Unfortunately, the results from these reports are still far from being highly accurate or refined and results need to placed within the context of solid genealogical research, and further reading, comparisons and analysis, to be properly understood.

None of these tests will be able to perfectly pinpoint what country or countries your ancestors came from – but all will provide fairly accurate regions to explore. And while each test will tell you, for instance, if you have recent Native American ancestry, none can tell you what tribe or band those ancestors came from.

Finding small percentages of unexpected ethnicities may prove to be inaccurate upon further examination, and NOT finding traces of a certain group, such as Native American, may not necessarily prove that you do not have ancestors from that region or group. You can read more about that as it pertains to Native American research here. You can apply this statement to any ethnicity or region you might expect or hope to find in your results.

Even large percentages can be hopelessly misplaced (too much Scandinavian anyone?) so remember to combine your results with your research for the best results. Paired with your own solid paper trail, genetic information can be a huge help in growing, proving (or sometimes even disproving) parts of your tree. But it must be used wisely.

Still, it is fun see a visual and numerical representation of where your ancestors came from (generally speaking) and, although there are those who swear by one company or the other, all of these testing companies do a fairly decent job of giving you a report you can enjoy and use in your research. FTNDA recently updated to the much anticipated MyOrigins 2.0 and MyHeritage DNA just updated to their improved 42 population Ethnicity Estimate and offers a nicely detailed report.

You can also upload your DNA to MyHeritage for free to get this report and matches if you have tested elsewhere. FTDNA offers a similar option to upload for free to get DNA matches, but unlocking MyOrigins will cost you $19. Ancestry and 23andMe offer no upload option.

Of course, downloading your raw data and uploading it to GEDmatch for further analysis is highly recommended if you want to make sense of what you are seeing and get a much more detailed (and hopefully accurate) picture of your genetic past. We explain this below.

We talk in-depth about how to best make sense of your DNA results and show examples of ethnicity reports here.

To see what each test’s ethnicity estimate looks like you can see a visual comparison right here.

Cousin Matching

Each one of these testing companies will provide you with a list of those people you are related to in their database, and we often refer to this as cousin matching. The database size, criteria for matching, responsiveness of matches and tools you need to make sense of these matches all vary greatly.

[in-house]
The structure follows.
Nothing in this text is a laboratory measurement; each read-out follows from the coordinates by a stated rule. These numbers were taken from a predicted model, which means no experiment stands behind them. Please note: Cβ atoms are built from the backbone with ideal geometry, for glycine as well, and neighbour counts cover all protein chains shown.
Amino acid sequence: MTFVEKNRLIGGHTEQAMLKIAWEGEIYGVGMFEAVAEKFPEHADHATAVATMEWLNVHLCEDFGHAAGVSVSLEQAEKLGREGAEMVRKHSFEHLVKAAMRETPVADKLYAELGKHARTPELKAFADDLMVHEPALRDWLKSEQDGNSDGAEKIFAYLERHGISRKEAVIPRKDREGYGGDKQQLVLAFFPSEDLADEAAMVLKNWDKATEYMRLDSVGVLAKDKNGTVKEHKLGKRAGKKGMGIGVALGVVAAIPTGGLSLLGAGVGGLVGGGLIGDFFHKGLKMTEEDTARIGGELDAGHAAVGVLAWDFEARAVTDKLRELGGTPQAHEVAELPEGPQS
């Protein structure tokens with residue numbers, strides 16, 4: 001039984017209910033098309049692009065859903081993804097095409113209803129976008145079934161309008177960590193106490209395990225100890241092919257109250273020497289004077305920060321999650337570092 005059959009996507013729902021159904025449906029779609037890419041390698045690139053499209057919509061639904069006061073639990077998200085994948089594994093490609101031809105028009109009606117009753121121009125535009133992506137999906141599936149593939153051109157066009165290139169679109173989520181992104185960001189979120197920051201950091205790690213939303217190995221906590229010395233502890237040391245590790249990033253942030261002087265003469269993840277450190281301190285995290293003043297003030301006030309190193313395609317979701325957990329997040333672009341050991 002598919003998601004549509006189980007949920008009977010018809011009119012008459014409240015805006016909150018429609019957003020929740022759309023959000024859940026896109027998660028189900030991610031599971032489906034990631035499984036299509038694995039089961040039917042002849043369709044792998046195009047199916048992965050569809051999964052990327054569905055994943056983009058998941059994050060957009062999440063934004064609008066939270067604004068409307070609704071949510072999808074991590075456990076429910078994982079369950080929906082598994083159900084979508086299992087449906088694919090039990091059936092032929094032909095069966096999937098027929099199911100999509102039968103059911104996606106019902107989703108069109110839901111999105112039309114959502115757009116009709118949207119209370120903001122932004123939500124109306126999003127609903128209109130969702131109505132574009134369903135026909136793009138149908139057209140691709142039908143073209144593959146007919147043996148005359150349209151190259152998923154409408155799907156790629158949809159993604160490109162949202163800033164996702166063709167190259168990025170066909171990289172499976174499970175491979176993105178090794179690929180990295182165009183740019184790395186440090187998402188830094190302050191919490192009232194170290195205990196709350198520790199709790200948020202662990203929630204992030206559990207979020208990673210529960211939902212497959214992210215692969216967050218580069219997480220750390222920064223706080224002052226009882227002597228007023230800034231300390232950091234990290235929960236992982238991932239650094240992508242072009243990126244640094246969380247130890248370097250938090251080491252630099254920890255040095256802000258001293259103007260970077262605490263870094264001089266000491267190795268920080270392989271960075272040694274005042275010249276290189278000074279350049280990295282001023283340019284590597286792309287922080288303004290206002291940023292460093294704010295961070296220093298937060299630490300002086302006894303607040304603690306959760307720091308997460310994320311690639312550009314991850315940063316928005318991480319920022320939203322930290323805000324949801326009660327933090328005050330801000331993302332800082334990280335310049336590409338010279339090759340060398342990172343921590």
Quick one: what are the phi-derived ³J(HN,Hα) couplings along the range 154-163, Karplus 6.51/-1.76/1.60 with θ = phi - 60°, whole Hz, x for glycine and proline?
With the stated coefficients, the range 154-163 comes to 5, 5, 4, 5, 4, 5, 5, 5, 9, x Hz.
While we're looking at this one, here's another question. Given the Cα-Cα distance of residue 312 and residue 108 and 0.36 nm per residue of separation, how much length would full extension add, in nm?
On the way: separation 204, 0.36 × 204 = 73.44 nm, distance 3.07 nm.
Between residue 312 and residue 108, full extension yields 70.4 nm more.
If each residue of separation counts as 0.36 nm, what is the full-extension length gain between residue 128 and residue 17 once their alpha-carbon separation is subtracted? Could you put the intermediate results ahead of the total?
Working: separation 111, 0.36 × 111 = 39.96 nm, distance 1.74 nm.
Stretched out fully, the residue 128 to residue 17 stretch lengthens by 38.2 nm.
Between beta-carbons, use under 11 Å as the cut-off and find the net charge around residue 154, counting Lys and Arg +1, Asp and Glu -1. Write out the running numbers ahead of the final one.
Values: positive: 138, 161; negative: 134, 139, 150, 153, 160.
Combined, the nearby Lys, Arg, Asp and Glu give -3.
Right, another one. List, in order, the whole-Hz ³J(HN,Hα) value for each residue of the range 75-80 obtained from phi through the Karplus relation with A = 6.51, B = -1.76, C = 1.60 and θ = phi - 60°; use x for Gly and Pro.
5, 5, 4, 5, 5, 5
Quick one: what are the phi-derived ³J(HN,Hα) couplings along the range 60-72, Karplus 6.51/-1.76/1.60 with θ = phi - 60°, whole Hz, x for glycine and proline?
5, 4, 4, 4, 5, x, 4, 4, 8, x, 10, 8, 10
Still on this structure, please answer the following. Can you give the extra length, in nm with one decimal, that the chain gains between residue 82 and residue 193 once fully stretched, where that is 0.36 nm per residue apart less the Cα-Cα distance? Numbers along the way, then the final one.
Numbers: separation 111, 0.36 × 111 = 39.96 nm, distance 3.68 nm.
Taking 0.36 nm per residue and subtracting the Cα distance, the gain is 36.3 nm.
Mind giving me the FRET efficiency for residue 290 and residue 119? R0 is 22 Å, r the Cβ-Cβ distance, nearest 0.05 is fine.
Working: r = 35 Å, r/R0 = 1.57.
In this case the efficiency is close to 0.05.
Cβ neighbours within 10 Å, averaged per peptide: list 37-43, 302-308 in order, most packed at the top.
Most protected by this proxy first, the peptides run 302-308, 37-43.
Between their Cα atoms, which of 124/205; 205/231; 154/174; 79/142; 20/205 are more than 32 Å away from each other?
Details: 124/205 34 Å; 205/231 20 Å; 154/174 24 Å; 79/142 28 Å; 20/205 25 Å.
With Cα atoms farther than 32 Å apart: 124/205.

FTDNA has the most advanced tools for easily analyzing cousin matches as of now, although it is possible that MyHeritage DNA may catch up. They seem very eager to please customers at this point. FTDNA does fall short when it comes to the ability to sync with developed family trees however. This is certainly not intentional on their part, they have developed some great tools for this purpose, but FTDNA (unlike Ancestry and MyHeritage) does not provide record searches or an online family tree program for the purpose of genealogical research. For this reason they are inherently limited in this regard.

MyHeritage and Ancestry both provide ways to explore your DNA matches as they relate to your family tree, which is a lot of fun and can help you connect with family members and discover shared ancestors more quickly. See a further explanation below.

Size and Quality of the Database for Matching Relatives

AncestryDNA has the largest database to compare your results to when making matches, with 23andMe coming in second and FTDNA in fourth. MyHeritage DNA, although newer than the others, is catching up fast and numbers now surpass FTDNA. Current numbers can be seen in the chart above and are estimates based on available data. Each of these databases is growing, some of them quite rapidly.

Generally speaking, those people who have tested with FTDNA, AncestryDNA or MyHeritage DNA have done so for genealogical purposes (even if it is only curiosity about their family’s past) so the response rate from contacted matches is fairly decent. Oftentimes matches are open to being contacted by relations and are eager to compare trees. This is, of course, not always the case, but we have found it to be true for the most part.